Finally, we have our own submission, a post by Tom Lynch in which he extends kudos to Work Comp Central’s Greg Jones for his ongoing reportage of the Michael Drobot case. If you are unfamiliar with this half billion dollar fraud case in which docs were given kickbacks for referring patients to surgery and legislators were bribed, you can catch up at this post and an earlier one, Workers’ Comp Fraud: The Drobot Case Grinds On.

James Curran http://christmasgifs.org/artists/curran/

James Curran http://christmasgifs.org/artists/curran/

 

See you in the New Year

This is the final edition of HWR for 2015 so we extend our best wishes for t holiday season. Our wonkers will be back bright and early in the new year: Look for a Jan. 14 edition by Hank Stern at InsureBlog.

 

 

Kudos And Thanks To Work Comp Central’s Greg Jones

Wednesday, December 9th, 2015

Work Comp Central’s Greg Jones has relentlessly followed and reported on the Michael Drobot case in Southern California, a case that fairly oozes greed and sleaze.

For the uninitiated, Michael Drobot’s Pacific Health Corporation owned two hospitals, Pacific Hospital of Long Beach and Tri-City Regional Medical Center in Hawaiian Gardens. For around 10 years, he paid kickbacks to a number of doctors for referring spinal fusion patients to Pacific Hospital of Long Beach for surgery. In February, 2014, Drobot pleaded guilty to making the kickbacks, which are illegal, and for charging California’s workers’ compensation system, the U.S. Department of Labor and about 150 workers’ compensation insurers somewhere in the vicinity of $500 million dollars for the surgeries over the ten year period. At that time, we wrote about this with Honor Sold, Trust Betrayed: Unbridled Greed in California.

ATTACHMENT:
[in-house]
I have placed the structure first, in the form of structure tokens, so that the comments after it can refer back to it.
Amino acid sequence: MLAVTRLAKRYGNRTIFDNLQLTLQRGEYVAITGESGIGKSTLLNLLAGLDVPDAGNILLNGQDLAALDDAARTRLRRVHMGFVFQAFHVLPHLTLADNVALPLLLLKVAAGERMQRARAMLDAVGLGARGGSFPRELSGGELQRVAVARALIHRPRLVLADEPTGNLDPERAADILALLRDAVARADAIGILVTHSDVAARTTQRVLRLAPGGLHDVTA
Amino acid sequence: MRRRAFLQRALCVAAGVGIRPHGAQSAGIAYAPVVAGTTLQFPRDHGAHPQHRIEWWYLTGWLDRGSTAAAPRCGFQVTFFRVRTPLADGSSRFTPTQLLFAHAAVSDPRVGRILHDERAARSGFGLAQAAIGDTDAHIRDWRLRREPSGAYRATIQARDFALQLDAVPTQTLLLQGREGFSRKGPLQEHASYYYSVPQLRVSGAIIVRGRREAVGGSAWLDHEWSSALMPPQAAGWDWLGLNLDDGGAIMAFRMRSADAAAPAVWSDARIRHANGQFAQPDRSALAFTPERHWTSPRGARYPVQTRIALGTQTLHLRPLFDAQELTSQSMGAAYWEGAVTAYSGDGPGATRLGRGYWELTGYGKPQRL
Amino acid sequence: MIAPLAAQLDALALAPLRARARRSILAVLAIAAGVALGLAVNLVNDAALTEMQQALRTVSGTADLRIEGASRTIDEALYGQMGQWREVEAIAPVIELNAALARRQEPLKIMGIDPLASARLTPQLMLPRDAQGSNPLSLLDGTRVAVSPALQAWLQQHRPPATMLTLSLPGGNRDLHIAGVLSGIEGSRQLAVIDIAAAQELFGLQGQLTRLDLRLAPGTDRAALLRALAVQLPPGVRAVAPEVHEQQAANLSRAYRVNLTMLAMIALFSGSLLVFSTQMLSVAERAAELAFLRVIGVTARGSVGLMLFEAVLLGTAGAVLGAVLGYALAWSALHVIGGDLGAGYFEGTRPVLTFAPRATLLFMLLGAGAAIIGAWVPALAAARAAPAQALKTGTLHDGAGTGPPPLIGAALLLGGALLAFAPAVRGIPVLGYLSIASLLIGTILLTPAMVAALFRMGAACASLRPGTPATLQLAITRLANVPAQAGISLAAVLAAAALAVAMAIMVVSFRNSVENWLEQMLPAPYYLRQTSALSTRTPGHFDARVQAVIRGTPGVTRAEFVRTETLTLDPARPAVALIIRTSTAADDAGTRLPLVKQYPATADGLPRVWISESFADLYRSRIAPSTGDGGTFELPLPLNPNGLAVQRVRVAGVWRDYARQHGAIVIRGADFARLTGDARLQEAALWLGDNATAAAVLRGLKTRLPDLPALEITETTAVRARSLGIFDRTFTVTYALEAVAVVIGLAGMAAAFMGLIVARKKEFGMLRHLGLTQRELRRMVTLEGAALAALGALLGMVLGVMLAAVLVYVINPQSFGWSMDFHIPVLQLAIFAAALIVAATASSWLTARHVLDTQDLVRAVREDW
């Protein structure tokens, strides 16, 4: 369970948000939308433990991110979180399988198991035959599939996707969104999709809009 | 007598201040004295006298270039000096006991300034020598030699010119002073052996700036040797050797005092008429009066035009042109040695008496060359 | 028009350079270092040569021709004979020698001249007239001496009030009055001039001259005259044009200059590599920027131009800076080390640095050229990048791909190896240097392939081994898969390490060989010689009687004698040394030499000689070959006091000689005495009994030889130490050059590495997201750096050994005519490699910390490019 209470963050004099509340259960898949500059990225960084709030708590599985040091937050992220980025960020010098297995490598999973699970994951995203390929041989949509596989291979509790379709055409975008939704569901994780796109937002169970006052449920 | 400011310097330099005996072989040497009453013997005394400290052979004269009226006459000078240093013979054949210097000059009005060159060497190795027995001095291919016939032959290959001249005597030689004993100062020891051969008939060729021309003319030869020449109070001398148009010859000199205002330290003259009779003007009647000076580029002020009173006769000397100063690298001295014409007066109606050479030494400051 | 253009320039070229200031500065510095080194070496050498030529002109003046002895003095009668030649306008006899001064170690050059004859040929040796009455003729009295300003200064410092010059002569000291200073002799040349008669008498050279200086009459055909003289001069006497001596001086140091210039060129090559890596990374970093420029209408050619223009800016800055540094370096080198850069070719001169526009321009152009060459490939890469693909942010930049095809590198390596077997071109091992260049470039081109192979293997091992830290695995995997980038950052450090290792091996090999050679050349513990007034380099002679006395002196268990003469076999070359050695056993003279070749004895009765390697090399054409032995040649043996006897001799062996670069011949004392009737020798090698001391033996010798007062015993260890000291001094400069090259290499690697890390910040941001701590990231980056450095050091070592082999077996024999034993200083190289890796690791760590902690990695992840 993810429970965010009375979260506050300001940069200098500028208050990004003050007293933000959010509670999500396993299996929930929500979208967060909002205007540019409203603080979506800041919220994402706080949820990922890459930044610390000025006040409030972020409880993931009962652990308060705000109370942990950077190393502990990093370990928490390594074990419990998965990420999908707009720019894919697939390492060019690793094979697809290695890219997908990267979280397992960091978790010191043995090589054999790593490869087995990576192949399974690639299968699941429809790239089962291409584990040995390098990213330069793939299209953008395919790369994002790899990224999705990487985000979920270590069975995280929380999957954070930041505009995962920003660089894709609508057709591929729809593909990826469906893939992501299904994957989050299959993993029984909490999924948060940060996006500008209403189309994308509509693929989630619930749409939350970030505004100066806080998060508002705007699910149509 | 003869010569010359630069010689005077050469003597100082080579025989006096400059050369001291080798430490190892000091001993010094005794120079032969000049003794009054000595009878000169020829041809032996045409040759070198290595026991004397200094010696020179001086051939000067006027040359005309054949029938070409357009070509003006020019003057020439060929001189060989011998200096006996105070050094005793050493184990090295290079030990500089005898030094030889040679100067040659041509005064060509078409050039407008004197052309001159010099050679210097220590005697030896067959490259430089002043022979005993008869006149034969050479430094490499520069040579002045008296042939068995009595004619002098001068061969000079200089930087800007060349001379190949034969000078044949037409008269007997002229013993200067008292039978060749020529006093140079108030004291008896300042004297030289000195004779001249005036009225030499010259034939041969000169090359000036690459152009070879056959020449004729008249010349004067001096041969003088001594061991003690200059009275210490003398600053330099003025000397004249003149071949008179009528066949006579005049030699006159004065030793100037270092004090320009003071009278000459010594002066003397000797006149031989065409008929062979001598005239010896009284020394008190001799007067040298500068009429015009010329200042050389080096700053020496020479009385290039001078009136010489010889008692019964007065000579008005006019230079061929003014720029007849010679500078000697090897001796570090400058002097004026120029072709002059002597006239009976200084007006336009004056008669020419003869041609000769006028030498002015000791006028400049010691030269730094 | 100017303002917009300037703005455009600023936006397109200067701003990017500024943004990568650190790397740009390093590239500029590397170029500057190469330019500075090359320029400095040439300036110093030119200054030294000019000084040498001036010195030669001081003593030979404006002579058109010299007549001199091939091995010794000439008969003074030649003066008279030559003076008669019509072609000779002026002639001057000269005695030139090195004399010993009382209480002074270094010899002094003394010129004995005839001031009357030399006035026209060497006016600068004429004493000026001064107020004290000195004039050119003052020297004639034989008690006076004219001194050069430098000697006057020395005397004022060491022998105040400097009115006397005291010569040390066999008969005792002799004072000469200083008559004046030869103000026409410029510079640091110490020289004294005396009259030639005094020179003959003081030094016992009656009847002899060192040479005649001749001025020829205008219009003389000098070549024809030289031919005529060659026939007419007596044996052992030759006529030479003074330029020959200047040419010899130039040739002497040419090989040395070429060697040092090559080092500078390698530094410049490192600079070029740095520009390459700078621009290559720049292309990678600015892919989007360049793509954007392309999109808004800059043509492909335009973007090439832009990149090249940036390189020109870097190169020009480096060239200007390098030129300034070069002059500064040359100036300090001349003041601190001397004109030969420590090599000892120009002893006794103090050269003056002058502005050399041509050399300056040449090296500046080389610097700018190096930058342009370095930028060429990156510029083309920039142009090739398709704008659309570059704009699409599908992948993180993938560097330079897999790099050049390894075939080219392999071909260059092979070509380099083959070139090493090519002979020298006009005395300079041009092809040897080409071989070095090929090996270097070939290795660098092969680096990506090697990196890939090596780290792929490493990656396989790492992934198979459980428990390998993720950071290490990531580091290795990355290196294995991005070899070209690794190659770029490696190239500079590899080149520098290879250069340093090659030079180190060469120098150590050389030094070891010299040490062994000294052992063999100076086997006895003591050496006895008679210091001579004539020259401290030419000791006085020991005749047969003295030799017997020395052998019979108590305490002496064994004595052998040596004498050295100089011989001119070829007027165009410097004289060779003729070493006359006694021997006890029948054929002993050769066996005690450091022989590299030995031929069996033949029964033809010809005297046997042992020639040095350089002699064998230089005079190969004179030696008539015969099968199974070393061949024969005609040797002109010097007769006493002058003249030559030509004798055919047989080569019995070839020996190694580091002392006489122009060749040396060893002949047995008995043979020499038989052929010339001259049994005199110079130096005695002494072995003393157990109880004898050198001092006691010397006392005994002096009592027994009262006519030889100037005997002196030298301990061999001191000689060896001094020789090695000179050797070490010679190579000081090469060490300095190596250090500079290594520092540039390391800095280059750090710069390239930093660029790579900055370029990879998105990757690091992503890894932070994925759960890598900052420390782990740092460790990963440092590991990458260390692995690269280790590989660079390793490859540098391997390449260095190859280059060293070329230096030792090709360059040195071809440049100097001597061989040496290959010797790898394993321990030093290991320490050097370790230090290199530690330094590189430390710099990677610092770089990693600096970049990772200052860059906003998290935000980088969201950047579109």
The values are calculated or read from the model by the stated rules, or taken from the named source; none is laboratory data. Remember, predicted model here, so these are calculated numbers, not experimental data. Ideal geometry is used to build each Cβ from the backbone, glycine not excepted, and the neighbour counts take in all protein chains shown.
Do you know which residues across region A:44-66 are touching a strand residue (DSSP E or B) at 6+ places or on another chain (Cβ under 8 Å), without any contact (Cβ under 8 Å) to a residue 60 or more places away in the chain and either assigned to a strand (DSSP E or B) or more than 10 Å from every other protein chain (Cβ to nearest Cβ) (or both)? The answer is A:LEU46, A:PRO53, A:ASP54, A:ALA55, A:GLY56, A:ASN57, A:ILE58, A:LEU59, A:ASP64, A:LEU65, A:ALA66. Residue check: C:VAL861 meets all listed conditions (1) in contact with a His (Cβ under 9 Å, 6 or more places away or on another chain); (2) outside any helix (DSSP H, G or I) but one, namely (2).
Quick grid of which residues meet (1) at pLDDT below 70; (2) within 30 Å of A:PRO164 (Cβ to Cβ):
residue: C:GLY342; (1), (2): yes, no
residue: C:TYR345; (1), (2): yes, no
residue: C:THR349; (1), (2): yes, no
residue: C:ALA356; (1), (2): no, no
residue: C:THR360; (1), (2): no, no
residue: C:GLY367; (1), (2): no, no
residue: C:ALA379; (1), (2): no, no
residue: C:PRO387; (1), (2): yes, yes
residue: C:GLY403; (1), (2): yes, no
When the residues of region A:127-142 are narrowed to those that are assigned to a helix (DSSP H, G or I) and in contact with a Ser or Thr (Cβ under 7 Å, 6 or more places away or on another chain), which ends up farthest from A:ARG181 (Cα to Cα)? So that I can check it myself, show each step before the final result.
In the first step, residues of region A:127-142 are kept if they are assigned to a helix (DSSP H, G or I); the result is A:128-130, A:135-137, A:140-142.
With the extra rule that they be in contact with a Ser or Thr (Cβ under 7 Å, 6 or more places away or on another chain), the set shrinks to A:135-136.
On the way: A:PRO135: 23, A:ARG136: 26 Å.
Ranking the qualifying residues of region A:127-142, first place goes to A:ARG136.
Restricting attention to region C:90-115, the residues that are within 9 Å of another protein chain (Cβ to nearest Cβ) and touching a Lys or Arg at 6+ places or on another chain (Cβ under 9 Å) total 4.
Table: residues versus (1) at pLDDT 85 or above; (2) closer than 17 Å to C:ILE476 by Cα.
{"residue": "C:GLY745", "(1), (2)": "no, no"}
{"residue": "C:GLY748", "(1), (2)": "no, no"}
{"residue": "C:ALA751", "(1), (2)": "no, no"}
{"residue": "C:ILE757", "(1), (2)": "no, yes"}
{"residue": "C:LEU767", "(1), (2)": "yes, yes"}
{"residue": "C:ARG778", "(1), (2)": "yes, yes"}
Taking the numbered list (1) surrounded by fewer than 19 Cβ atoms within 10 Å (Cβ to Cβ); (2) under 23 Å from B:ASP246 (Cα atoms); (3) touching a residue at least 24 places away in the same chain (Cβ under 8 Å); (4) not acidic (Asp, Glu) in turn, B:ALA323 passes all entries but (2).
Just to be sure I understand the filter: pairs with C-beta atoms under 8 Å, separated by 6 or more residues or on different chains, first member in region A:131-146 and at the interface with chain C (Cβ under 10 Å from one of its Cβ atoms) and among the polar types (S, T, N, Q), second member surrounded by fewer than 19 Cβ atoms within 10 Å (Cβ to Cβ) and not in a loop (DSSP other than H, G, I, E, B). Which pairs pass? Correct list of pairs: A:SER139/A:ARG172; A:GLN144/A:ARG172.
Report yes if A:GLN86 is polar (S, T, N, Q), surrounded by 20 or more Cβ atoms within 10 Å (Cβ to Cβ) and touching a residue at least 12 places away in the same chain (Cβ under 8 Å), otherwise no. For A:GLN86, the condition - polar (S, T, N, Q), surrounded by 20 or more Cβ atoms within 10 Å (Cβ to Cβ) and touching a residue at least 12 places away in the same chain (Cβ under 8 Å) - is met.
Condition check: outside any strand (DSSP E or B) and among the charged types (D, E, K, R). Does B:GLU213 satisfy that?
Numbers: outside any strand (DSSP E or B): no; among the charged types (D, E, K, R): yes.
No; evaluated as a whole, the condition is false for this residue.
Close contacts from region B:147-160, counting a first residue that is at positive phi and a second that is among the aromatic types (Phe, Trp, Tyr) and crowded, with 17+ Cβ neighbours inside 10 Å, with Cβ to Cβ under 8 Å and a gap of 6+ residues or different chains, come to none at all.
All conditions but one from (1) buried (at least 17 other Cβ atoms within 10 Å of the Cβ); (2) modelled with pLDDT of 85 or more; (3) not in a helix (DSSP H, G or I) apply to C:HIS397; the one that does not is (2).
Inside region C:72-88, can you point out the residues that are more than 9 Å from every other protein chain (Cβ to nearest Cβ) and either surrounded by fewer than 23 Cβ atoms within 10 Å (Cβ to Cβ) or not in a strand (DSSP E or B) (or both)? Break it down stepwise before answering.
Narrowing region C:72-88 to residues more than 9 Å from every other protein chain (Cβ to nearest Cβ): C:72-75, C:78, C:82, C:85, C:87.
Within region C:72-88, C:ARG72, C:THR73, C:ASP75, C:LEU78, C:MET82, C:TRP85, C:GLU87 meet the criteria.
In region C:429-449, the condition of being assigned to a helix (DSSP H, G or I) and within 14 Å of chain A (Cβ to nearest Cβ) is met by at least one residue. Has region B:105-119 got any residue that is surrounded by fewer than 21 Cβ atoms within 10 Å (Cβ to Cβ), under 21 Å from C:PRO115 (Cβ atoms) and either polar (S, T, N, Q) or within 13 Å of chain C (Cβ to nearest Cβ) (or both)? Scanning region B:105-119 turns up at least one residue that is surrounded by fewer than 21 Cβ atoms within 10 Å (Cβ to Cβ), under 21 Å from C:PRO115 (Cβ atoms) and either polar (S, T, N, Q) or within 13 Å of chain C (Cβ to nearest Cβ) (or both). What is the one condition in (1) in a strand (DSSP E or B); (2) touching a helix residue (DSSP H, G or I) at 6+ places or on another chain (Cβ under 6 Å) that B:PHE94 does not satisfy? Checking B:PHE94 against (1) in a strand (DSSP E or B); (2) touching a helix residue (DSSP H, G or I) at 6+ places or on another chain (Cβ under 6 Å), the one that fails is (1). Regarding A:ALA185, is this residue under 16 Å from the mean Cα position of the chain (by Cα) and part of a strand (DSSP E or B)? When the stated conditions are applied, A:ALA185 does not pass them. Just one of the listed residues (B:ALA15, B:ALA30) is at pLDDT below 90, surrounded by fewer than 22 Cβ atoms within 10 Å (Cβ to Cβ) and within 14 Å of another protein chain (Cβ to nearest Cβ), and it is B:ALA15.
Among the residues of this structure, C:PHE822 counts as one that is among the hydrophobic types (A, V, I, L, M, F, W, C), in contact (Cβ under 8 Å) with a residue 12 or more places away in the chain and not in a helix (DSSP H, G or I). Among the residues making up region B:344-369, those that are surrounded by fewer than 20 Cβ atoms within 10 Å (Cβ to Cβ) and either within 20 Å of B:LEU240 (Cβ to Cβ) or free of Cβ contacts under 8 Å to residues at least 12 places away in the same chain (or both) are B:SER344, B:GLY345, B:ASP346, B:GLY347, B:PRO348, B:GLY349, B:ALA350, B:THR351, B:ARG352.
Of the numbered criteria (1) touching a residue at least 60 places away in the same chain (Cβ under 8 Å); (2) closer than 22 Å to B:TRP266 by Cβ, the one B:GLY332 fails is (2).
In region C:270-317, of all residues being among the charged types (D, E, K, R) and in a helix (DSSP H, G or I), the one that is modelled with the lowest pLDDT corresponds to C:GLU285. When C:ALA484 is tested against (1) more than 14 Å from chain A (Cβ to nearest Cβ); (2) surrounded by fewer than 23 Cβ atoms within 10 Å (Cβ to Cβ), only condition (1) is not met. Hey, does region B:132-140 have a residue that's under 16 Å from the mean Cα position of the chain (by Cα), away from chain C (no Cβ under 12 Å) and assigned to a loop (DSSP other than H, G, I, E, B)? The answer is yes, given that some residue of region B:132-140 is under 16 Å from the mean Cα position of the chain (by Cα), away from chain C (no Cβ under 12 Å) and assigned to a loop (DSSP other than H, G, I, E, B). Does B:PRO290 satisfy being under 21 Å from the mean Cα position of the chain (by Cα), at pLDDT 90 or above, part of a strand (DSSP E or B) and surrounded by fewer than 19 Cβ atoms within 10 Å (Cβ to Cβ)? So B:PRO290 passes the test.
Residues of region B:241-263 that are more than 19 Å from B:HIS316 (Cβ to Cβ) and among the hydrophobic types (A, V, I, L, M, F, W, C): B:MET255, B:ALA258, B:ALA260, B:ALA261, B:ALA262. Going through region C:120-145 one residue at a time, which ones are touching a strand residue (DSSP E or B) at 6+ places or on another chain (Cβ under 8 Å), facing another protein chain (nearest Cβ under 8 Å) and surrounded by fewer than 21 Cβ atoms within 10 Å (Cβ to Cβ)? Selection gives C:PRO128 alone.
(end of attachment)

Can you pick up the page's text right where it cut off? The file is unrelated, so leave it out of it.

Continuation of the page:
Drobot is also charged with bribing state senator Ron Calderon for his help in easing one of the SB 863 requirements, which we don’t need to go into here. Calderon has pleaded not guilty, and that case is moving through the system.

Throughout this sordid business, Greg Jones has been there, providing a valuable service with his spot-on reporting, most recently last week with his story (subscription required) that a number of the doctors who took the kickbacks, at $15,000 a pop, also had filed “more than 15,000 liens with a total claimed value of $93.8 million.” To get that story, Jones had to wade through what must have been a steamer trunk full of documents.

Personally, I owe a debt of gratitude to Mr. Jones. He found two errors in my post of 30 November, Workers’ Comp Fraud: The Michael Drobot Case Grinds On. I had written that the kickback scheme involved both of the Drobot hospitals. That was wrong. They only happened at Pacific Hospital at Long Beach. Also, I had written that Drobot had pleaded guilty to bribing Calderon. He did not. He is charged with doing it, and both he and Calderon have pleaded not guilty. Before Work Comp Central ran my post, Greg found the errors and made edits to correct them, for which I am grateful.

The Drobot case is complicated and it represents the bottom of the workers’ compensation bird cage. However, the solid reporting of Greg Jones shines an arc light on the sorry mess and will help to improve the system so that in the future the Drobots of the world will think twice about this kind of criminality.

 

 

New Health Wonk Review posted: Healthcare on Parade Edition

Thursday, December 3rd, 2015

Peggy Salvatore says that it’s beginning to look a lot like chaos — and her roundup of entries in this week’s Health wonk Review explain why: Healthcare on Parade Edition is freshly posted at Health System Ed blog. Peggy illustrates her post with images from the recent Macy’s Day Parade – she was very diplomatic in not making any analogies to hot air 😉

For another roundup, see Medscape’s The Year in Medicine 2015: News That Made a Difference

And in another perspective on 2015, some are calling it the year of the healthcare security breach.